Holocene and Modern Climate Change in the High Arctic, Svalbard, Norway
What: This project focuses on climate change in the High Arctic. Because of the ice-albedo feedback the Arctic is experiencing warming at more than twice the rate of lower latitude sites. To put these changes in a longer-term perspective we are attempting to use the varved sediment record in glacier-fed Lake Linné and we are studying what factors influence annual sedimentation in the Lake. Summer work includes work on the Linné Glacier, the sediment flux and temperature of the inflow stream and the physical and sedimentological conditions in Lake Linné.
When: The program will run from 10 July to 10 August and will consist of a field component in Svalbard, Norway and a lab component at Mt. Holyoke College, Massachusetts.
Where: We will convene in Massachusetts for a few days of equipment organizing and background lectures and then travel as a group to Longyearbyen, Svalbard. Prior to heading to the field site we will spend a few days in town for safety training and orientation. We will then travel by small boat out to Isfjord Radio, a former weather station at Kapp Linné which we will use as a base of operations. After two weeks of field work we will travel back to Longyearbyen and then back to Massachusetts where we will work with data and samples in the lab.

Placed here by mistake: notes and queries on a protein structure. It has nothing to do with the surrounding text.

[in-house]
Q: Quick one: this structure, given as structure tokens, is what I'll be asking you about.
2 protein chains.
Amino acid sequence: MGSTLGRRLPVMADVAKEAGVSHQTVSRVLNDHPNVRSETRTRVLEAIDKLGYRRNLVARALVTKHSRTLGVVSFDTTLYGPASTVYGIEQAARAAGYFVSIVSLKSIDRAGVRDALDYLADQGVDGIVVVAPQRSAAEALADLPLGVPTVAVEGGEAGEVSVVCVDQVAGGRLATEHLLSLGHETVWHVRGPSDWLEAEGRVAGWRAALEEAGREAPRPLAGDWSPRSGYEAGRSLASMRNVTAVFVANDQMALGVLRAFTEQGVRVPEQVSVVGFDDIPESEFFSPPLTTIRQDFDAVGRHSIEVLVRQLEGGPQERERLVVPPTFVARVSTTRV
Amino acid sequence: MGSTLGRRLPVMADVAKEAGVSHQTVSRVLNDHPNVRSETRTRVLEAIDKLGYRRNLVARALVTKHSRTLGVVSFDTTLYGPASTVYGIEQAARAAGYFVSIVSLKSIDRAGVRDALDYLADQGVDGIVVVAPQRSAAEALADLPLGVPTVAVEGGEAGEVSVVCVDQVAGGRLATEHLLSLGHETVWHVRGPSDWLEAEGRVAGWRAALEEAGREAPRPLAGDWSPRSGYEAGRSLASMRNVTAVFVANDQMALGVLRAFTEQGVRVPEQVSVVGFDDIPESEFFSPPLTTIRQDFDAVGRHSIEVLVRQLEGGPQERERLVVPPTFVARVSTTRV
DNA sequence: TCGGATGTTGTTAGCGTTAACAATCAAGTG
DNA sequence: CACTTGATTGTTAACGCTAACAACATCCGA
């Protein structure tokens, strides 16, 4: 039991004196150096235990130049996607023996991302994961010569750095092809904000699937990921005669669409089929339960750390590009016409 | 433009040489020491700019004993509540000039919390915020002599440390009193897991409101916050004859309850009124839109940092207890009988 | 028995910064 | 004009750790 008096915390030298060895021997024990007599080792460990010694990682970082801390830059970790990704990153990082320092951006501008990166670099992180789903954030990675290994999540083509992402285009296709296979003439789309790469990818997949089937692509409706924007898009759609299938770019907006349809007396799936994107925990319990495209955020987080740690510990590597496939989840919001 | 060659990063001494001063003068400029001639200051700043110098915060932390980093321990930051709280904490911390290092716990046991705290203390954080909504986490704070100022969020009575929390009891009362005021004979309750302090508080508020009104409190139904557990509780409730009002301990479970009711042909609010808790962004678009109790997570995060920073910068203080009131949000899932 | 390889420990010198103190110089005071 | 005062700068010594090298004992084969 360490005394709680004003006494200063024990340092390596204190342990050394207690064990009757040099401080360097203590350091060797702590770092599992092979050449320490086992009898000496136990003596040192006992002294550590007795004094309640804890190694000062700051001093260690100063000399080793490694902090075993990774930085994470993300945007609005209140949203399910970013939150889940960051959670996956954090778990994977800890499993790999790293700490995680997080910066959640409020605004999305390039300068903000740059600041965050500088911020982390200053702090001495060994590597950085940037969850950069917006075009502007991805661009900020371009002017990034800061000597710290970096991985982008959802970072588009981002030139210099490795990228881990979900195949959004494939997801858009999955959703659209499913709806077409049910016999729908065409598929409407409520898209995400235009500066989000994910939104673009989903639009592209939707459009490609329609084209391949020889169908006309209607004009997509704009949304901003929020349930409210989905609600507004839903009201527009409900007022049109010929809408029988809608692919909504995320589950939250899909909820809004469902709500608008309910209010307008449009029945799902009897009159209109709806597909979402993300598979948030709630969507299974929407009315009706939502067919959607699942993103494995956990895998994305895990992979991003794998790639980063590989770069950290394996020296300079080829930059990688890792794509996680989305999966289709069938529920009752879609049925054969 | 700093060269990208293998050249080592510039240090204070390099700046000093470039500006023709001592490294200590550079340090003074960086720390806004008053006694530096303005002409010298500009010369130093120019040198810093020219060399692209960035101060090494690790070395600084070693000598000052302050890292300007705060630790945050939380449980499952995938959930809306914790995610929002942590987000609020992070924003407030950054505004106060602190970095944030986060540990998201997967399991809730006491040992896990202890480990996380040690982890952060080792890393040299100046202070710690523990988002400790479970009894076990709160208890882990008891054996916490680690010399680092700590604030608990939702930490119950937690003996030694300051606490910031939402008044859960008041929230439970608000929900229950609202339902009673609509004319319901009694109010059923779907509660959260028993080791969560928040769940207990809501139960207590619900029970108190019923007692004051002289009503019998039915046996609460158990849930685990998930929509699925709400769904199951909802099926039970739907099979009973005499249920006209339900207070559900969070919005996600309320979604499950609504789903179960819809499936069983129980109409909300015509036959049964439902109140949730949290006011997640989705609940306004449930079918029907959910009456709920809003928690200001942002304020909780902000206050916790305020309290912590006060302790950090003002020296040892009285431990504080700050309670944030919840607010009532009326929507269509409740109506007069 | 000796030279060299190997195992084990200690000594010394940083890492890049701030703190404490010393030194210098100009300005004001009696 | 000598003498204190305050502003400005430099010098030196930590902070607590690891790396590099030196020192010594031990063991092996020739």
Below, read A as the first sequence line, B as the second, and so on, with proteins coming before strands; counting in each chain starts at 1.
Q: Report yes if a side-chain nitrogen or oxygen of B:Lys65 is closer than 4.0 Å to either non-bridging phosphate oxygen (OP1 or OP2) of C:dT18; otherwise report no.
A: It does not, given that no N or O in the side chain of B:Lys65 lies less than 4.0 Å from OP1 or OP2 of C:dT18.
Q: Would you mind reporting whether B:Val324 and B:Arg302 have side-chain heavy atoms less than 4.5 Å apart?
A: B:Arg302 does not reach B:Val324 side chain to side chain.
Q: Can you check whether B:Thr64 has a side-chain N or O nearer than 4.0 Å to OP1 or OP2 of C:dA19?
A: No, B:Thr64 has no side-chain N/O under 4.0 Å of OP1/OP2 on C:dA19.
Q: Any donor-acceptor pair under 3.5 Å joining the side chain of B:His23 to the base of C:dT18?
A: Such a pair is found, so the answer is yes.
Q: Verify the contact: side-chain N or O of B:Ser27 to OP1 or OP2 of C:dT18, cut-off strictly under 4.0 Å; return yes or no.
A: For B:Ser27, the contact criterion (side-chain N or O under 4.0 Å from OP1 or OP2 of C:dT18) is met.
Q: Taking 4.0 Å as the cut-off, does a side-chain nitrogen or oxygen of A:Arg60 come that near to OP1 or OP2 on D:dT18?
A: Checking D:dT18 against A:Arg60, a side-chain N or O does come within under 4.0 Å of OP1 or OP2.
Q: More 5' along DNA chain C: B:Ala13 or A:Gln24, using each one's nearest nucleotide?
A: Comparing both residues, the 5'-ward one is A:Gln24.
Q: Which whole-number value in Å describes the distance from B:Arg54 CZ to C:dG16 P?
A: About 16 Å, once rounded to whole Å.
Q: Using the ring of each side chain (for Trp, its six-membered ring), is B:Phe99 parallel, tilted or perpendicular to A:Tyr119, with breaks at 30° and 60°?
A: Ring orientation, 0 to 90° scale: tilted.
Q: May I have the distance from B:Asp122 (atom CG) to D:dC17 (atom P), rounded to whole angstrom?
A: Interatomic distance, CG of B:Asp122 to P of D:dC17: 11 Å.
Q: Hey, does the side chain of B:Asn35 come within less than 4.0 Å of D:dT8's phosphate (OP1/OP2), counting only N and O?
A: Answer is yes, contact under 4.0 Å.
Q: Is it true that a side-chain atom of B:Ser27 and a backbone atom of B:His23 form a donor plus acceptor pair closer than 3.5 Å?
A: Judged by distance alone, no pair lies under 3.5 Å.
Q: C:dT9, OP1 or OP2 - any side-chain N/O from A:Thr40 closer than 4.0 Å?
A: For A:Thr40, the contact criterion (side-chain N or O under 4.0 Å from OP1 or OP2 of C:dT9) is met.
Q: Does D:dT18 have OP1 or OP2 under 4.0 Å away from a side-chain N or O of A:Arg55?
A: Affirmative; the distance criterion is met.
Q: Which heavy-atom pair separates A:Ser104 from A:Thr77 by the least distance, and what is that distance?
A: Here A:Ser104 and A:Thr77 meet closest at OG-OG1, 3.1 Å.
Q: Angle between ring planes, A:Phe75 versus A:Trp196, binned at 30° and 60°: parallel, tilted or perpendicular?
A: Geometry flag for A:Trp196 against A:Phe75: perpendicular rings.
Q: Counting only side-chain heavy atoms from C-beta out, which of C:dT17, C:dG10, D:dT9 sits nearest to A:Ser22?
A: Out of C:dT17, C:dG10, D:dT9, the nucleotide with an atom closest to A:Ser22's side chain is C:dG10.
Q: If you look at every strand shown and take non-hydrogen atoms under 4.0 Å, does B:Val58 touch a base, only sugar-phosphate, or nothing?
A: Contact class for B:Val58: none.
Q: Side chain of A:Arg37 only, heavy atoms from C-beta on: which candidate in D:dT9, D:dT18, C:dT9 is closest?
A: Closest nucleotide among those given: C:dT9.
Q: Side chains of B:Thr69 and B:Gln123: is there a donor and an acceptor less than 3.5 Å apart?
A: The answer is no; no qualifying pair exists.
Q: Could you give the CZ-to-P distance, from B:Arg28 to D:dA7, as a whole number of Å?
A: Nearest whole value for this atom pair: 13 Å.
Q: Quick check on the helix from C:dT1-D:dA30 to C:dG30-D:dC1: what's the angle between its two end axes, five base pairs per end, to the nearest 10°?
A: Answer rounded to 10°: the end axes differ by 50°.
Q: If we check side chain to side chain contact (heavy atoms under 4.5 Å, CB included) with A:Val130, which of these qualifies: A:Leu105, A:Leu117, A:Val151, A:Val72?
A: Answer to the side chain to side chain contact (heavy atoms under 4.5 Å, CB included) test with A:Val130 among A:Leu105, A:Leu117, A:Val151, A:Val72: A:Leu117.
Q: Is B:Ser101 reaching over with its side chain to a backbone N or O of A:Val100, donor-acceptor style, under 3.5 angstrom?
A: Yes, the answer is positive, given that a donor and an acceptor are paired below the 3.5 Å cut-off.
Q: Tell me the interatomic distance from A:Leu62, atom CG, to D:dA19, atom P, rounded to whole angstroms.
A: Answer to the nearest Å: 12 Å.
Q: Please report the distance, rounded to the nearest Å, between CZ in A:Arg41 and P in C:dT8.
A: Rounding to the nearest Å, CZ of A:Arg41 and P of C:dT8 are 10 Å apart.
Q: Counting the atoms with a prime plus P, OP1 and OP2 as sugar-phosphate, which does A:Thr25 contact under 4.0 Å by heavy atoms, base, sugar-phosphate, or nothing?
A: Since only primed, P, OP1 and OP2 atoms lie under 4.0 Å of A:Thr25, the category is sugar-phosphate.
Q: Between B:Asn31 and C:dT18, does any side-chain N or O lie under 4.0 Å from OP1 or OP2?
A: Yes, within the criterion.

Who: You will join a group of highly motivated students from other colleges and you will work closely with this group sometimes directing the field work and sometimes working as a field assistant. Al Werner (Mt. Holyoke College) and Mike Retelle (Bates College) will lead the field excursion and will direct the lab component of the summer experience.
Project Overview and Goals
Our goal is to introduce students to the Arctic and to engage them in meaningful geoscience-based climate change research. Each student will take-on an aspect of the research that they (with the help of their colleagues) will pursue in the field and subsequently during the following academic year.
This program is tailored to rising seniors who have completed most of their geology curriculum and have a demonstrated interest in the Arctic, Quaternary studies and the issue of climate change.